Lots and lots of weirdness.  The book never reads like a dream — the language is too straightforward, the events too linear — but the linkages between fantasy and reality, between the supernatural and the mundane, and the characters’ acceptance of these linkages, do seem like a kind of transcript of a dream our culture’s having.  I guess this is what we normally call mythology.

The obvious and interesting comparison, at least for me, is with Neil Gaiman’s American Gods.  They’re both books that feel right, as mythology, but right in different ways.  One of the things that Neil Gaiman said about his book at the Gathering of American Gods that’s stuck with me is that the book was one of the ways in which he came to discover the strangeness of the country he’d adopted as his home.  It is a story by an outsider, of outsiders, those brought to the country with their own ways, and how those ways mutate in a new place with its own ways.  It feels very true, as that kind of story.  Big Machine feels true as a different kind of story: an inside kind of story, a story the culture tells itself.  The story of a black man whose people have formed the culture, despite all attempts to prevent them from doing so.

And so we get details like the Washerwomen, and their Bible rewritten to take place among Southern blacks.  While the Washerwomen are inventions, he’s not inventing the Biblical revision: a man named Clarence Jordan translated sections of the New Testament into American idiom, changed place names from the Middle East to the American South, and changed crucifixion to lynching.  We get an organization of “spiritual X-Men” who dress up as high-society swells in 1930s Harlem and track down the paranormal through small-town newspapers — printed newspapers! — in the age of the Internet.  We get the “big machine,” doubt, and a recommendation from a cult leader that it be considered a good thing, and that we remember “King Jesus as our greatest doubter.”  We get another big machine, a real machine, that maybe undercuts that suggestion. We get a couple of miracles and a really well done near-death scene with some freaky cats. Vengeance and forgiveness.  Terrorism and holy war.  Angels and demons.  Managing not to oppose these things, but see them as potentially just different perspectives on the same thing.  A whole country busy distracting itself from its overwhelming need to believe.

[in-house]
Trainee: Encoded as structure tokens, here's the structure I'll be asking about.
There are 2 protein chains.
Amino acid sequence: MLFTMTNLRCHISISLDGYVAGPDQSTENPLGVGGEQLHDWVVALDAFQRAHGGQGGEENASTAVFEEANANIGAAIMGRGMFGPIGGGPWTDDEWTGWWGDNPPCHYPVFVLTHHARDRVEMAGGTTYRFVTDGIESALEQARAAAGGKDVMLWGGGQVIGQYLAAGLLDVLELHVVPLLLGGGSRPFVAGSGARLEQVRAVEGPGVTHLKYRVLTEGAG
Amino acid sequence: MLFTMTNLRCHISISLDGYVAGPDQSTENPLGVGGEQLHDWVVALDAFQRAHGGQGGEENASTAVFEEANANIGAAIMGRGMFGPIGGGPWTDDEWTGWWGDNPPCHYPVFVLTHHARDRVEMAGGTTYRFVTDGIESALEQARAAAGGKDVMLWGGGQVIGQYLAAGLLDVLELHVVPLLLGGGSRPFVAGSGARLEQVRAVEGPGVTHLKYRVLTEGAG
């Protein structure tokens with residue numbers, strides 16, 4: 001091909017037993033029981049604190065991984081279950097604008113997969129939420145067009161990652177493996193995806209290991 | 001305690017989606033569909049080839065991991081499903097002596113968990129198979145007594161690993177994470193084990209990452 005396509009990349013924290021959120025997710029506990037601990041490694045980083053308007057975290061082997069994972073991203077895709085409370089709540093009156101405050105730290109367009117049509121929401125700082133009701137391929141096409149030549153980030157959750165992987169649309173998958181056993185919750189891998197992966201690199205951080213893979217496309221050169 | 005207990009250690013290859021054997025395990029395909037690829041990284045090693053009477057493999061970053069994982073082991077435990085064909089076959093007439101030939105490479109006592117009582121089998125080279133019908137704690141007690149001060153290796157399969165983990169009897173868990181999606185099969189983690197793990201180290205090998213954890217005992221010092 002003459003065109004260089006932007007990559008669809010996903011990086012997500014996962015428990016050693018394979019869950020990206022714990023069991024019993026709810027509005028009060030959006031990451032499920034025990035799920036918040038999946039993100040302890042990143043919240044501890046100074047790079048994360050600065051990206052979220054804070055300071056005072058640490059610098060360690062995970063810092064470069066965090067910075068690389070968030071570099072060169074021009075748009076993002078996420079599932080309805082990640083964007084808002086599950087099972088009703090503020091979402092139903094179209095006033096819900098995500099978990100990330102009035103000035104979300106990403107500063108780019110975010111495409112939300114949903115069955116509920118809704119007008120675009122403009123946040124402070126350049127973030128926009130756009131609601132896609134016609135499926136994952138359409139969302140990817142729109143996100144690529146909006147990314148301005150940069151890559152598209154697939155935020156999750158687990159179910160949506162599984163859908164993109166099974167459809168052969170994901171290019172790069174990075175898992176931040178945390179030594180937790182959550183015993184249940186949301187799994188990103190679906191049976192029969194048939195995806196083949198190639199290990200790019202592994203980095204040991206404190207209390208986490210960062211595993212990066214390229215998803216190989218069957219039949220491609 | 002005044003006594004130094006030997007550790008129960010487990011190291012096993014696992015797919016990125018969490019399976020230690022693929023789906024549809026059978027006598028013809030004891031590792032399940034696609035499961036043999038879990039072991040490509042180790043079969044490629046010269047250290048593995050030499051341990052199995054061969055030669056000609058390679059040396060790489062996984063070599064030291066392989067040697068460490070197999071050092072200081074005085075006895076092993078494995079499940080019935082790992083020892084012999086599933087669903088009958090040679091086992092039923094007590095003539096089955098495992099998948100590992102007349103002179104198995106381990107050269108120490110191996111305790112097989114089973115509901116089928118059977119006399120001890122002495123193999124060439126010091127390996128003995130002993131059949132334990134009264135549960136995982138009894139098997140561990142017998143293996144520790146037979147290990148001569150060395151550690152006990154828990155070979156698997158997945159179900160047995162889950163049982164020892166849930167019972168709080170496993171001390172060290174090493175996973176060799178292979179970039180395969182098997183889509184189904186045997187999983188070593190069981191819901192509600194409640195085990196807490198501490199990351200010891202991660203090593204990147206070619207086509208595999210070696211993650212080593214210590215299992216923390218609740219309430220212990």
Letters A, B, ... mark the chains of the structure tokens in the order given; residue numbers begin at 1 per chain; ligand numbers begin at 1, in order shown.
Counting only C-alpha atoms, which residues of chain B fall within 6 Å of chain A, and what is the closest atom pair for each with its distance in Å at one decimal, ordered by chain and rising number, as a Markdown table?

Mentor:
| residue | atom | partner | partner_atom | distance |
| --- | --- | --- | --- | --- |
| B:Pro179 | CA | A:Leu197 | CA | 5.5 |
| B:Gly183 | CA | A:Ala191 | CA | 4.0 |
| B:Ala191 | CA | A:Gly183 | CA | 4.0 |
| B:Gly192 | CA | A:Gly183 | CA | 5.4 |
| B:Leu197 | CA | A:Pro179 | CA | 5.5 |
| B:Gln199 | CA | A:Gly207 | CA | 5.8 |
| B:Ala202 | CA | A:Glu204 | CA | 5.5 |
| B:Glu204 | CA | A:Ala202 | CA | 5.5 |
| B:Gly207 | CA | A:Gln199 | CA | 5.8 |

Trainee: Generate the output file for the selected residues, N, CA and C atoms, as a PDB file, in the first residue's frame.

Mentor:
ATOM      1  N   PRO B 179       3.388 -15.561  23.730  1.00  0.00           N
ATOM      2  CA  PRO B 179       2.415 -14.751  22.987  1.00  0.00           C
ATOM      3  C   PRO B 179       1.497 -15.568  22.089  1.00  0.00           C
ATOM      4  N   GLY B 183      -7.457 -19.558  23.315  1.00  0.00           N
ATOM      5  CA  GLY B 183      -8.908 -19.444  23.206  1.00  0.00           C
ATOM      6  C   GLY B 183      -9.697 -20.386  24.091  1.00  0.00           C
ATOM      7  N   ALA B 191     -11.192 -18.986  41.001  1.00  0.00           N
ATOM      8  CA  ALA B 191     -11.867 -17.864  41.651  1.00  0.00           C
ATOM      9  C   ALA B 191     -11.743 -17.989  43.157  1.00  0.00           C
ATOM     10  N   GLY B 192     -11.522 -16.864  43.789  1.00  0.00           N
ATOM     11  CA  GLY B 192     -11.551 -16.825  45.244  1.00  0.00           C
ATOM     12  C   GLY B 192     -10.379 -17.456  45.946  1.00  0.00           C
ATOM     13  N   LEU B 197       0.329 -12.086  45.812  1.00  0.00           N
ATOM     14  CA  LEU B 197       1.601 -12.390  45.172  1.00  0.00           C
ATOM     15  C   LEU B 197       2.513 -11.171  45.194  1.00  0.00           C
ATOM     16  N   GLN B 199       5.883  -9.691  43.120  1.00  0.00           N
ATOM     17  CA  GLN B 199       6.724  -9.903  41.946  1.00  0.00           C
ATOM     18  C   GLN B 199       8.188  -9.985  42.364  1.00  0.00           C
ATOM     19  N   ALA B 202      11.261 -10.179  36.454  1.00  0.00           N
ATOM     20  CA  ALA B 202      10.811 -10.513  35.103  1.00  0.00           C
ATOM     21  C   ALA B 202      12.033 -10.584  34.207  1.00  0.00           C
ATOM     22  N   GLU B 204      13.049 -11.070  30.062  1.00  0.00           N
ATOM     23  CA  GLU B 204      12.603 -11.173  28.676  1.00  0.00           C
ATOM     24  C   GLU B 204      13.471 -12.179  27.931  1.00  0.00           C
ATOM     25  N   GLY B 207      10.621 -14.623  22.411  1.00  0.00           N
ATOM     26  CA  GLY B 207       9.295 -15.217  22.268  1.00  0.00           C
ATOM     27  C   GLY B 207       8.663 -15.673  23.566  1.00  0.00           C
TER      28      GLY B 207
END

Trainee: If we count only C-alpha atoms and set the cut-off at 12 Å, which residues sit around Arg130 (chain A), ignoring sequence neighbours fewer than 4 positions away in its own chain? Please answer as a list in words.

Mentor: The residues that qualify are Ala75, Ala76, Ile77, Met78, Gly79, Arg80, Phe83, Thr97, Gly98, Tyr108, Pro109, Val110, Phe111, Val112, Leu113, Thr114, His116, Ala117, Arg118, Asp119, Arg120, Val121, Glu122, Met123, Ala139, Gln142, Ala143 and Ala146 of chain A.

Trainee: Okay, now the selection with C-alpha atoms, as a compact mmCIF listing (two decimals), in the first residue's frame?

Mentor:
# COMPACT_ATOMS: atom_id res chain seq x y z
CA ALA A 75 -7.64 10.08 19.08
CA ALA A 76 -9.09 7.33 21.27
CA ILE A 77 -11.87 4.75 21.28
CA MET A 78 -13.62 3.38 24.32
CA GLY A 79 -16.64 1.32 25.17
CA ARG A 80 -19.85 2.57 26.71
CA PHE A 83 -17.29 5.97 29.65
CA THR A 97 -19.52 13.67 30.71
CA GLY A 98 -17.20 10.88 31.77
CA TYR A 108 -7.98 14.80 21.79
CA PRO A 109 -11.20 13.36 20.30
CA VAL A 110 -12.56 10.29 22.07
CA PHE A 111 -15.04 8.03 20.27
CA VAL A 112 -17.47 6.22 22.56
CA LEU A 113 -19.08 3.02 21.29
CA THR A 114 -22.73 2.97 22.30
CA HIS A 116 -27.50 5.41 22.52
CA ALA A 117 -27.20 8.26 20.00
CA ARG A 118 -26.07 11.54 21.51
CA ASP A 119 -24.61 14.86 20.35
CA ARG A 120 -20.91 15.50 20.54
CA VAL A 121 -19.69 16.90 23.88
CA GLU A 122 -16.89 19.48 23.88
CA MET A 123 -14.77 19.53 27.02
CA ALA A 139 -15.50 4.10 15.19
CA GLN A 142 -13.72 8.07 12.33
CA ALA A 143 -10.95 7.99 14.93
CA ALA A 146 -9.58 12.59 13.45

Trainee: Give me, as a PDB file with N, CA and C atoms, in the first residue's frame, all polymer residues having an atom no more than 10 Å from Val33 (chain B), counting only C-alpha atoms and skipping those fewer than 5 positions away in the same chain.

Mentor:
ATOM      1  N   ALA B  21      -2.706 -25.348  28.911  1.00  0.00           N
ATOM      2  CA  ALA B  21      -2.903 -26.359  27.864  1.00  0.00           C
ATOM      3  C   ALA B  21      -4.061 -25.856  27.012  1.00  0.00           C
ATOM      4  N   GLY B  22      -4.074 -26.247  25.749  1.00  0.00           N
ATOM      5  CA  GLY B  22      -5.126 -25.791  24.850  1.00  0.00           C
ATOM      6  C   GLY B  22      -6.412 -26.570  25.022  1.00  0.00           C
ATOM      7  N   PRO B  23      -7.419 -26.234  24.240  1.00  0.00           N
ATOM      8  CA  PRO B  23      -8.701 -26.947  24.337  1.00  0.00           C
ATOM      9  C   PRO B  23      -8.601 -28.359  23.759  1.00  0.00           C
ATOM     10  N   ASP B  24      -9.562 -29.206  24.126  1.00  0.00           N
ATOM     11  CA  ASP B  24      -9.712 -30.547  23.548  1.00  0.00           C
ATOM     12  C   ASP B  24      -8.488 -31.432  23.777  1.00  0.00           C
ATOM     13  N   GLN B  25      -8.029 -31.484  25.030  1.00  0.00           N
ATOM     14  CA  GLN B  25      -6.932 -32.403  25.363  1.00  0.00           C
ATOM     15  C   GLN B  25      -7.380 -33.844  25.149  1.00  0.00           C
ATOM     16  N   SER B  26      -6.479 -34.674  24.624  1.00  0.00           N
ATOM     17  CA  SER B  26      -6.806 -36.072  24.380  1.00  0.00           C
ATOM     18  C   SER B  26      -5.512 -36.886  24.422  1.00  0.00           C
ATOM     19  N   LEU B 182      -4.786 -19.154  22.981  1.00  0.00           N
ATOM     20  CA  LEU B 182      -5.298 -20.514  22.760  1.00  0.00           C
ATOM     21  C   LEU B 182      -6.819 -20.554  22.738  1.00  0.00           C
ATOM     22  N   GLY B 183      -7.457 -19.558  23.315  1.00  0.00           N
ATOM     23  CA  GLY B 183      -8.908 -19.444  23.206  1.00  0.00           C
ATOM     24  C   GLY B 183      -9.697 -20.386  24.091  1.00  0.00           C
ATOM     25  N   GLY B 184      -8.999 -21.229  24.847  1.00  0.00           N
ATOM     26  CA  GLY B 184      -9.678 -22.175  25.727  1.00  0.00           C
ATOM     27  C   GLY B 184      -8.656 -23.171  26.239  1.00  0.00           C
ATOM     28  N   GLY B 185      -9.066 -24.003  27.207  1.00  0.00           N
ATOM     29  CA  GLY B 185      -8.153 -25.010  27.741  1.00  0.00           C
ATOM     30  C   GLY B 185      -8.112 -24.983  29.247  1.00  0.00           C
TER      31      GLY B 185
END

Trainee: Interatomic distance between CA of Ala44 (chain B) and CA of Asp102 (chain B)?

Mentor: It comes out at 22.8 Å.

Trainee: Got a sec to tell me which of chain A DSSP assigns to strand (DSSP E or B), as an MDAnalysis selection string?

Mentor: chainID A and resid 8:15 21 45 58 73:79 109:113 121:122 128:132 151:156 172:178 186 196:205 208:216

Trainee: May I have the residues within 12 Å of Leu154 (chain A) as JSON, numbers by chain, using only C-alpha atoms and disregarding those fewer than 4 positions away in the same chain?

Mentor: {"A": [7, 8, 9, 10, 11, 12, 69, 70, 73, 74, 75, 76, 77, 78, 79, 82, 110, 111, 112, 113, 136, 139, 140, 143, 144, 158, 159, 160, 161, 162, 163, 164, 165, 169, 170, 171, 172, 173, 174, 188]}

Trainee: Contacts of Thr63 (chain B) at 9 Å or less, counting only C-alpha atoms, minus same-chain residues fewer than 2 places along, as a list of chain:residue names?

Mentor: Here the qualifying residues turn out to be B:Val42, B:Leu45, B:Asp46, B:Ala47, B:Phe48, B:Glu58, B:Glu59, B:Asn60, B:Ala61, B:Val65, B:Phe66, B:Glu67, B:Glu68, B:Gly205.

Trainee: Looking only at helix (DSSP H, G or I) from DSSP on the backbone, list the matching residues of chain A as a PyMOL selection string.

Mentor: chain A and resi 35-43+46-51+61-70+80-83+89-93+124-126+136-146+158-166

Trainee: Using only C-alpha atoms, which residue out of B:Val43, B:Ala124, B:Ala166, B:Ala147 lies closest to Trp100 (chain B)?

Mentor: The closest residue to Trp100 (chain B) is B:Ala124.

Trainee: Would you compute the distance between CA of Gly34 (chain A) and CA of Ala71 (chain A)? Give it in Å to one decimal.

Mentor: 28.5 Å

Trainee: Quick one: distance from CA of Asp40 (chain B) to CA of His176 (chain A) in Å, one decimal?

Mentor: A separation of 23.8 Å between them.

David Copperfield’s Greatest Hits, Numbers 5 and 6

December 27, 2010 § Leave a comment

Now reading: David Copperfield.

Numbers 5 and 6 are pivotal: David’s story changes dramatically, a huge number of important new characters are introduced, and Dickens pushes the action forward with the Victorian equivalent of a Hollywood movie’s music montage.  As in previous posts, here are my favorite sentences from each chapter.

Chapter 13:

Sometimes in his rage he would take me for one of them, and come at me, mouthing as if he were going to tear me to pieces; then, remembering me, just in time, would dive into the shop, and lie upon his bed, as I thought from the sound of his voice, yelling in a frantic way, to his own windy tune, the Death of Nelson, with an Oh! before every line, and innumerable Goroos interspersed.

The first half of chapter 13 is one of Dickens’ great waking nightmares of poverty, and the nightmare in this sentence is courtesy the drunken owner of a second-hand store (not the only one in the book; Dickens was warming up for the great Krook of Bleak House).  I imagine the “Goroo” sound to be a kind of throat-clearing howl, “screwed out of him” with his eyes bugging out, as Dickens says.  His earlier ranting “Oh my eyes and limbs… oh, my lungs and liver,” etc., and his cheating of David, are of a piece with the rest of the terrifying journey to Betsey Trotwood’s house.

Chapter 14: